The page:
Al-Qaeda may hinder political progress

Published on 2 February 2012 in News
Sadeq Al-Wesabi (author)

Sadeq Al-Wesabi

Armed men thought to have links with Al-Qaeda reportedly withdrew from Rada’a because they lacked a sufficient presence to maintain control of the district.

Armed men thought to have links with Al-Qaeda reportedly withdrew from Rada’a because they lacked a sufficient presence to maintain control of the district.

SANA'A, Feb. 1 — A recent report carried out by the Abaad Center for Studies and Research has warned of the potential for certain Yemeni cities to fall to Al-Qaeda.

The center also warned about a repeat of a 'Rada'a and Abyan' scenario in other governorates such as Ibb, Al-Dhale, Lahj, Aden and Hadhramout.

However, the report ruled out Al-Qaeda's ability to take control of any city without direct and indirect support from relevant parties in the two-year transitional period.

The report indicated that the reason behind the withdrawal of Al-Qaeda militants from Rada'a last week was a failure by Al-Qaeda to recruit an enough people to maintain control of the city.

"Al-Qaeda took advantage of a political vacuum to strengthen its base," said the report.

It called for the unity government to urgently put together a plan to deal with Al-Qaeda and start a dialogue and discussion with Al-Qaeda members.

Last week, Ansar Al-Sharia (Sharia supporters), a group that falls under the umbrella of Al-Qaeda, called for “all Muslims” to implement Sharia and to not remain silent on corruption.

Ansar Al-Sharia easily took control of Rada'a last month, causing panic among locals. They later withdrew following an agreement between them and tribesmen.

However, it's expected that Al-Qaeda is going to will attempt to seize other cities and exploit unrest in the country.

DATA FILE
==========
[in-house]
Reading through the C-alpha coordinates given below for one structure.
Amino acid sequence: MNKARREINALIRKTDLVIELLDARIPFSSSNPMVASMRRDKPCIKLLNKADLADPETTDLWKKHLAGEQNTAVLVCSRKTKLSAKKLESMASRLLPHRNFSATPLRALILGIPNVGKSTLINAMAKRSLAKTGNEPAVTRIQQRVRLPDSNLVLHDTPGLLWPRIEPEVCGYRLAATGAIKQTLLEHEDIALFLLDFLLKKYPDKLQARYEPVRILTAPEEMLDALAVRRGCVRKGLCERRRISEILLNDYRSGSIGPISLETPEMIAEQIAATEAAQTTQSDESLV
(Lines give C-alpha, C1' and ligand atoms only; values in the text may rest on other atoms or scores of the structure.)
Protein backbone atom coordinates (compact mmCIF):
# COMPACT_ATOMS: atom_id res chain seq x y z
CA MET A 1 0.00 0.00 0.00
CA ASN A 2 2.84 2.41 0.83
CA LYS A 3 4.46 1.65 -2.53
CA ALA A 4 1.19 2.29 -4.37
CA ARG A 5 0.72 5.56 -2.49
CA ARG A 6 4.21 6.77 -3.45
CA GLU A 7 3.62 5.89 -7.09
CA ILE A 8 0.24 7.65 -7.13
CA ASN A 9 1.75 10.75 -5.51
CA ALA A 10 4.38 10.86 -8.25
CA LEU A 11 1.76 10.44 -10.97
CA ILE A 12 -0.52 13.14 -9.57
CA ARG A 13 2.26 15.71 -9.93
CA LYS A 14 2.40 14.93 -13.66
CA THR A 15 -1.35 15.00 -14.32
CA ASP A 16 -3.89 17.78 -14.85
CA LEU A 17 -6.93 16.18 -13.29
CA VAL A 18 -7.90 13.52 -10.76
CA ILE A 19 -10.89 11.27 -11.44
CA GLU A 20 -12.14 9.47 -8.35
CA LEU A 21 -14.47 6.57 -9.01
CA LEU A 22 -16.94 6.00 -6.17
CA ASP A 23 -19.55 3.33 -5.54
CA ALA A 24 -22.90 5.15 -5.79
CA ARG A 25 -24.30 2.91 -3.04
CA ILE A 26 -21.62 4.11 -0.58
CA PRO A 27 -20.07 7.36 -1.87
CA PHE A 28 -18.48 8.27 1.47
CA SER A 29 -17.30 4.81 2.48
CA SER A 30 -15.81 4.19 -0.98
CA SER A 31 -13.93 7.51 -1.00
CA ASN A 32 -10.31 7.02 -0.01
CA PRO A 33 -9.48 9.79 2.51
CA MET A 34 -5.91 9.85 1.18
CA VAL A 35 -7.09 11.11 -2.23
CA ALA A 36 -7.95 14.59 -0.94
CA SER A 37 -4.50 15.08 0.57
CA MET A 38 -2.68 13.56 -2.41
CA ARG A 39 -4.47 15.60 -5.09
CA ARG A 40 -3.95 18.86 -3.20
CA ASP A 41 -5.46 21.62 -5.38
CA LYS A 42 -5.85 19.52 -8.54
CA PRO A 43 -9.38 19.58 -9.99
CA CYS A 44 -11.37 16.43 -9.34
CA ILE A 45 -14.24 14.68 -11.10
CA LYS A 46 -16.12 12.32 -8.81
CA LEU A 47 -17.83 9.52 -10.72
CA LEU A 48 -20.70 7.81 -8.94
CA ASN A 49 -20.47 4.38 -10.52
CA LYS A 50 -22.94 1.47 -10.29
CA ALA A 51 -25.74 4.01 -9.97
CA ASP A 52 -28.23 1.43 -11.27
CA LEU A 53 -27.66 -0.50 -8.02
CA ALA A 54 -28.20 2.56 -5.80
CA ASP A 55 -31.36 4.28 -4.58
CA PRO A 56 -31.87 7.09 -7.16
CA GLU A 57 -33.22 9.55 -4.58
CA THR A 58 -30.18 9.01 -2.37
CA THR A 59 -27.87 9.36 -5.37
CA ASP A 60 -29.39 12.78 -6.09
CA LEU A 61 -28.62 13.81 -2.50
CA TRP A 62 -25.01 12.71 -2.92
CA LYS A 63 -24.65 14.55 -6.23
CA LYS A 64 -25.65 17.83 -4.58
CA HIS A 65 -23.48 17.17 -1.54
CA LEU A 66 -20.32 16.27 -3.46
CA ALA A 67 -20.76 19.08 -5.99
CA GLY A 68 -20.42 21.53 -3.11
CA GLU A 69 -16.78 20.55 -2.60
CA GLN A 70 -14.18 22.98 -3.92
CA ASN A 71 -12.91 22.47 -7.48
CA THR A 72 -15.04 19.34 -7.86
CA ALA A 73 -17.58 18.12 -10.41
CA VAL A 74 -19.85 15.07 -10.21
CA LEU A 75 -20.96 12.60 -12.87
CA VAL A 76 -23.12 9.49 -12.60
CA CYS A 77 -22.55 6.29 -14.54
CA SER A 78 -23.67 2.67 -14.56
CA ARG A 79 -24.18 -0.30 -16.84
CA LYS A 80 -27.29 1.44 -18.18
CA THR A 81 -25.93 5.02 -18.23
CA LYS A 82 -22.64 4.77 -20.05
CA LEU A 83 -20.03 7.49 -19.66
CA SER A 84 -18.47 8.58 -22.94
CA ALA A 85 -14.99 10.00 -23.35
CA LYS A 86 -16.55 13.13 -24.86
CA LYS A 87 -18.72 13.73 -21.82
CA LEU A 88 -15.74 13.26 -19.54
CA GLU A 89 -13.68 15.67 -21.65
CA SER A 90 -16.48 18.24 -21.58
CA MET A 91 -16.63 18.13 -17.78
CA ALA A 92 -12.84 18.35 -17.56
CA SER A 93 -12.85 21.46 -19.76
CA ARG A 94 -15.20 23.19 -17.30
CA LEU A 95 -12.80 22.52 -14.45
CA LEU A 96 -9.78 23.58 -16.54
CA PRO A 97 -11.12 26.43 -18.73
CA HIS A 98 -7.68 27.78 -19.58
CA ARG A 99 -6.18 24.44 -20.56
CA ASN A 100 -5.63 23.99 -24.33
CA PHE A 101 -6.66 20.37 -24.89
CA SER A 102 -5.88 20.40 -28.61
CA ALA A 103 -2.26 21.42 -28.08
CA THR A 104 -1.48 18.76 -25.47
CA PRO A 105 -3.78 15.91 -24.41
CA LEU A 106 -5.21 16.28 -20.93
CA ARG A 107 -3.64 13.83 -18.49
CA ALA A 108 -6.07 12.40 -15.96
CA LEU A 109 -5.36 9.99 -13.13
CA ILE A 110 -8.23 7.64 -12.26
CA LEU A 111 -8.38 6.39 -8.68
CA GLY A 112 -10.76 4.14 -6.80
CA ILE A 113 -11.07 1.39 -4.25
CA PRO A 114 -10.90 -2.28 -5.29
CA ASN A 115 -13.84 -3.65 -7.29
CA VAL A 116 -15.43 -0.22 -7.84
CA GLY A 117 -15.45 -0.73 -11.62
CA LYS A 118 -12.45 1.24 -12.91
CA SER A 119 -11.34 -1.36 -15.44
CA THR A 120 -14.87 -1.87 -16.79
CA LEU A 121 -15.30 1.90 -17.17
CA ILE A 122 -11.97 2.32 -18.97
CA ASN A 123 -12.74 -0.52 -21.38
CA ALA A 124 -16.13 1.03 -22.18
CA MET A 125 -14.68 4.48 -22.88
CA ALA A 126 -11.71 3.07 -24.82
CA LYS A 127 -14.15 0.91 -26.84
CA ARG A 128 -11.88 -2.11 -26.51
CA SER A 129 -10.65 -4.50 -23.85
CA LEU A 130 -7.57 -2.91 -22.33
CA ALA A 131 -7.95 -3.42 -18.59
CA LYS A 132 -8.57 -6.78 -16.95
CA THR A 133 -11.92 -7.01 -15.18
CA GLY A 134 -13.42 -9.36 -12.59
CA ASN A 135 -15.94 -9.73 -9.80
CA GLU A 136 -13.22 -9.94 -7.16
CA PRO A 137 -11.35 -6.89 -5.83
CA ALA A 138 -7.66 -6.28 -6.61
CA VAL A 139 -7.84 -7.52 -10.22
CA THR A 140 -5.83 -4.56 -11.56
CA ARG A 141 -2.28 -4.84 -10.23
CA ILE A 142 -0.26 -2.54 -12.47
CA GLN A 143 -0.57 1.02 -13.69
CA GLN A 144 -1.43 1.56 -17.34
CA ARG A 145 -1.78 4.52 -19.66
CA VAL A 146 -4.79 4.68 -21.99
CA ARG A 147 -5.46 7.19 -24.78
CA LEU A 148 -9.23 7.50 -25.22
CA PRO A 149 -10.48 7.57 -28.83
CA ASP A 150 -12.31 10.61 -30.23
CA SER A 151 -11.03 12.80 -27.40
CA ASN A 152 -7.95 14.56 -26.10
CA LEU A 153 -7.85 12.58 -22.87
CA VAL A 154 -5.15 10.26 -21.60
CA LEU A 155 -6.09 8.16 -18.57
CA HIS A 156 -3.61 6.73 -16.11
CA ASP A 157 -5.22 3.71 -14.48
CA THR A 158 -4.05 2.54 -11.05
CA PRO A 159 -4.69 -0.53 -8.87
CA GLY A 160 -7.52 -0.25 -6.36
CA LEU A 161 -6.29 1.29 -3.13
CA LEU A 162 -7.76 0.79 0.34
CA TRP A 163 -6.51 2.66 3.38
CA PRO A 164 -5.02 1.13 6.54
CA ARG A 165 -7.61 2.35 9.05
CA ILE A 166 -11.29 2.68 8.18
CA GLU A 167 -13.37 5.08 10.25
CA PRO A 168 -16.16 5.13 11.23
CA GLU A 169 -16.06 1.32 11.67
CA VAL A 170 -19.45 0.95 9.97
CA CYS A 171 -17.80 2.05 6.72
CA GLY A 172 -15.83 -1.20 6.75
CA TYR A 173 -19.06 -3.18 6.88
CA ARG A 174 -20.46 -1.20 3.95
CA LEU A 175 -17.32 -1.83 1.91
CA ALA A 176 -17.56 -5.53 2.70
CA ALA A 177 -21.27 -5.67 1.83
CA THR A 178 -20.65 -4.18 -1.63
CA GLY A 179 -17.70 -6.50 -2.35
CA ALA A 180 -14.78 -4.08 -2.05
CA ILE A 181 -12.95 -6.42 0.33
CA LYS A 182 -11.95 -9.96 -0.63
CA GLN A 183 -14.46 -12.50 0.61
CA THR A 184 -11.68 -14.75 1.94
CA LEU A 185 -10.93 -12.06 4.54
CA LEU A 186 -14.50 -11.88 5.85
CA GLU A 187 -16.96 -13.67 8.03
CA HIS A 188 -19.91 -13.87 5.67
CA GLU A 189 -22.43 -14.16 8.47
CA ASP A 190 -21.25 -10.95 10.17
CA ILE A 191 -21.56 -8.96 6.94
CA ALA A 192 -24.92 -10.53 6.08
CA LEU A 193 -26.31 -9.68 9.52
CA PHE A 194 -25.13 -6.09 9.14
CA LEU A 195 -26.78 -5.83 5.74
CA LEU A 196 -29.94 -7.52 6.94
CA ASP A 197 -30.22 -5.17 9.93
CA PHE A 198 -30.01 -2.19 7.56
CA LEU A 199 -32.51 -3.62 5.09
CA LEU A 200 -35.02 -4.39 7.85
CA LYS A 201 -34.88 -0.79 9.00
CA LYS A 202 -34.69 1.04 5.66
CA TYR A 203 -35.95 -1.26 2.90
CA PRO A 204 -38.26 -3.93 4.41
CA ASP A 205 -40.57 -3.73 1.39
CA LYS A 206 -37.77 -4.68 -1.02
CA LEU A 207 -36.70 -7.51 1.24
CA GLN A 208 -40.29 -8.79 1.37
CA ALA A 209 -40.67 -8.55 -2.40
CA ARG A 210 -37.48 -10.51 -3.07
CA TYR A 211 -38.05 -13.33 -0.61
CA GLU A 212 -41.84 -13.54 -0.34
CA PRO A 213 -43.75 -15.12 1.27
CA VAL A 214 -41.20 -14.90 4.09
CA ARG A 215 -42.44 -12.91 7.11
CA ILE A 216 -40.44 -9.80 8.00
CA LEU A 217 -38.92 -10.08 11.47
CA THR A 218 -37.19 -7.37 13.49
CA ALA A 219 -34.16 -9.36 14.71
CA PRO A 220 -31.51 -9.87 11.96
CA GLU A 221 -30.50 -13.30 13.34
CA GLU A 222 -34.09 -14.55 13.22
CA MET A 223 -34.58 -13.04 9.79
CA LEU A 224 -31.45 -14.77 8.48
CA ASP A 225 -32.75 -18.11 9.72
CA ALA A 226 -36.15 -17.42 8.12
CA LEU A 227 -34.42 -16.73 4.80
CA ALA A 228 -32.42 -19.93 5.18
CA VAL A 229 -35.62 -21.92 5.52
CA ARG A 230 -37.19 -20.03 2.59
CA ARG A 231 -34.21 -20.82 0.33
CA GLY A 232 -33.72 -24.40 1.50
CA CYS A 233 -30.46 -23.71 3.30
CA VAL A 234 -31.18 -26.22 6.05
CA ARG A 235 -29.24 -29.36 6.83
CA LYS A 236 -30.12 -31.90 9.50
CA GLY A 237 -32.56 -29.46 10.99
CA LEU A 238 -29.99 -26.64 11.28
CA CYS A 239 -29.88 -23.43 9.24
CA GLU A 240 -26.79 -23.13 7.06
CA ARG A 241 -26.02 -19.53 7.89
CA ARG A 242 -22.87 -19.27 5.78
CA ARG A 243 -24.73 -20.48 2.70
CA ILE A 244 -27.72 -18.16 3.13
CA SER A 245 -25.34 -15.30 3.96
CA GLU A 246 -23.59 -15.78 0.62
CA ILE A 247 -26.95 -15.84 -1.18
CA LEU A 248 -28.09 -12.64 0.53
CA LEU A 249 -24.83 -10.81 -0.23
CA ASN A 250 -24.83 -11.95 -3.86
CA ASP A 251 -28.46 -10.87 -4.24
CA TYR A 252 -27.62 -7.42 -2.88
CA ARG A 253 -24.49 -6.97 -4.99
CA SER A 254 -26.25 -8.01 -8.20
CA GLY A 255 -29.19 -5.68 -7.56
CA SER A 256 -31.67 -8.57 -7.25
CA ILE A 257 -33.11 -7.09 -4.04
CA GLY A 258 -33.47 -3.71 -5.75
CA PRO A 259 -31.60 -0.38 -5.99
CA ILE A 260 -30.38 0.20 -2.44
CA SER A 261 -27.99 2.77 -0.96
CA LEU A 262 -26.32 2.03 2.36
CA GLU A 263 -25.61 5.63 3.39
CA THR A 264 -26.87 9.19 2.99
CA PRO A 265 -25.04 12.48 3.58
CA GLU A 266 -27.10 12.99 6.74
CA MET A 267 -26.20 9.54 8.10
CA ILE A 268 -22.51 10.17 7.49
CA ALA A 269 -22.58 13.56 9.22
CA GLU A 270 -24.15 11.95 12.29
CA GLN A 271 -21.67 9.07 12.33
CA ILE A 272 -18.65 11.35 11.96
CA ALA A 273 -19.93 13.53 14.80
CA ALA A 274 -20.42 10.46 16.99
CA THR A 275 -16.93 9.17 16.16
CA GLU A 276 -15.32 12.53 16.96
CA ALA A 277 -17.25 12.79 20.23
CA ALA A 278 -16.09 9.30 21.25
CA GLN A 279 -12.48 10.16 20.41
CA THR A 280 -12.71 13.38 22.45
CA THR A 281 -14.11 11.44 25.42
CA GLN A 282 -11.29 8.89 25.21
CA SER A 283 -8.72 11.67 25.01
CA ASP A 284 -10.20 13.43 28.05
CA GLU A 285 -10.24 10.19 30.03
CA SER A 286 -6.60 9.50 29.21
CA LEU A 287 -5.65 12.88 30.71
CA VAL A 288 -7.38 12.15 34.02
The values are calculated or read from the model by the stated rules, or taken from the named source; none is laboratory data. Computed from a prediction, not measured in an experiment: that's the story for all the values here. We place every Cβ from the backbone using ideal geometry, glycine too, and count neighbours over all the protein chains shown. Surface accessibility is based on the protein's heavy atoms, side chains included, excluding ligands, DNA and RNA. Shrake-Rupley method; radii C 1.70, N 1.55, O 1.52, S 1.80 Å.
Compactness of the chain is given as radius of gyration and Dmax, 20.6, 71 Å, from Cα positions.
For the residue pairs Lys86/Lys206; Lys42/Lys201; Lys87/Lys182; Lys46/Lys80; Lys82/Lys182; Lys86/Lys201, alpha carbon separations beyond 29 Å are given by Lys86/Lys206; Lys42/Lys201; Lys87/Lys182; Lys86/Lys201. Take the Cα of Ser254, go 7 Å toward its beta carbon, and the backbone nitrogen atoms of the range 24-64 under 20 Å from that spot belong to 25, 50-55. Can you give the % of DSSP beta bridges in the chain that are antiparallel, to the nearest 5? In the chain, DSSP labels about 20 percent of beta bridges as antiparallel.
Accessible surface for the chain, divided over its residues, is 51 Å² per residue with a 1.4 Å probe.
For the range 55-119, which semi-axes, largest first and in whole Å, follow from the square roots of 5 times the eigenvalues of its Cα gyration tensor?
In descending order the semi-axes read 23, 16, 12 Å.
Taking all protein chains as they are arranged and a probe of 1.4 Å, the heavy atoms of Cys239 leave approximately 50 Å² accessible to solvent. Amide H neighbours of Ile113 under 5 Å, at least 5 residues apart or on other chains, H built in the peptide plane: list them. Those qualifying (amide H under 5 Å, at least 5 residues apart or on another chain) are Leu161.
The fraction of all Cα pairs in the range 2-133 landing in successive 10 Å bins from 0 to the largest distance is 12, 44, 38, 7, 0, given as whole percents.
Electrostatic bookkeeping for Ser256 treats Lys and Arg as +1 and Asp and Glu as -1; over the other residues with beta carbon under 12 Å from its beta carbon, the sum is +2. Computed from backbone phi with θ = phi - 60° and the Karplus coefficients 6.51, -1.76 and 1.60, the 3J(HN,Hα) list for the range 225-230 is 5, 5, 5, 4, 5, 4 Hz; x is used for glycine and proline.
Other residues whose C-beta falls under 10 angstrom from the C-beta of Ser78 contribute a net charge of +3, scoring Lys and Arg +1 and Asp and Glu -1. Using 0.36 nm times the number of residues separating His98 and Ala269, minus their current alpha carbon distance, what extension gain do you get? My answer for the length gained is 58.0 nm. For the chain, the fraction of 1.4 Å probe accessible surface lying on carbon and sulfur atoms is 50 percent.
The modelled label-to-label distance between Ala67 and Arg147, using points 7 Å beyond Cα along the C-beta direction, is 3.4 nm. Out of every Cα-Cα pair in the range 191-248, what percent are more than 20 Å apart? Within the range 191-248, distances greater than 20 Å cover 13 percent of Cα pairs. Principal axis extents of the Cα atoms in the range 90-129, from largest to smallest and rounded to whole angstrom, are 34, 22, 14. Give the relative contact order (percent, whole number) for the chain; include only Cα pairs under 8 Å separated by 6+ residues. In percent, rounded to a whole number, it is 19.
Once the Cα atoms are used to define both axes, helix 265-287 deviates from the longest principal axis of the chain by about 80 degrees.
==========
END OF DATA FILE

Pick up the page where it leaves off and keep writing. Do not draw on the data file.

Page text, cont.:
Ayesh Awas, a security researcher at the Saba Center for Strategic Studies, told the Yemen Times that Al-Qaeda movement and expansion will negatively affect political progress and lead to security tensions.

"It's not reasonable to hold elections in the areas of conflict," he said.

Awas said that Al-Qaeda is sometimes used as a “gun for hire.” He added, "In recent days, there's no one Al-Qaeda, but rather many groups that work under the umbrella of Al-Qaeda."

"Any Al-Qaeda activities will target the Gulf initiative and the powers that support this initiative," he added.

Abdul-Salam Mohammed, head of the Abaad Center for Studies and Research, said that Al-Qaeda movement poses a danger to the Gulf initiative's success.

Mohammed partly holds the international community responsible. "They're responsible for this movement because they didn't tighten their supervision of Al-Qaeda in Yemen."

Mohammed told the Yemen Times that it's been proven that some security officers were accomplices of Al-Qaeda.

He said if all parties exhibit honesty and seriousness, Al-Qaeda will cease to exist. "There would be no problem if the Prime Minister, for example, decided to enter into a dialogue with Al-Qaeda to discuss what their demands are."

Mohammed expects that Al-Qaeda will transfer its operational center from Afghanistan to Yemen and warned that this would lead to a significant in-country American military presence.

"Any American military intervention means that Yemen will turn into another Afghanistan or Somalia," he warned.

Mohammed said that there are those who benefit from Al-Qaeda movement. "It's strange that Al-Qaeda militants took control of Central Security in Rada'a without fighting.”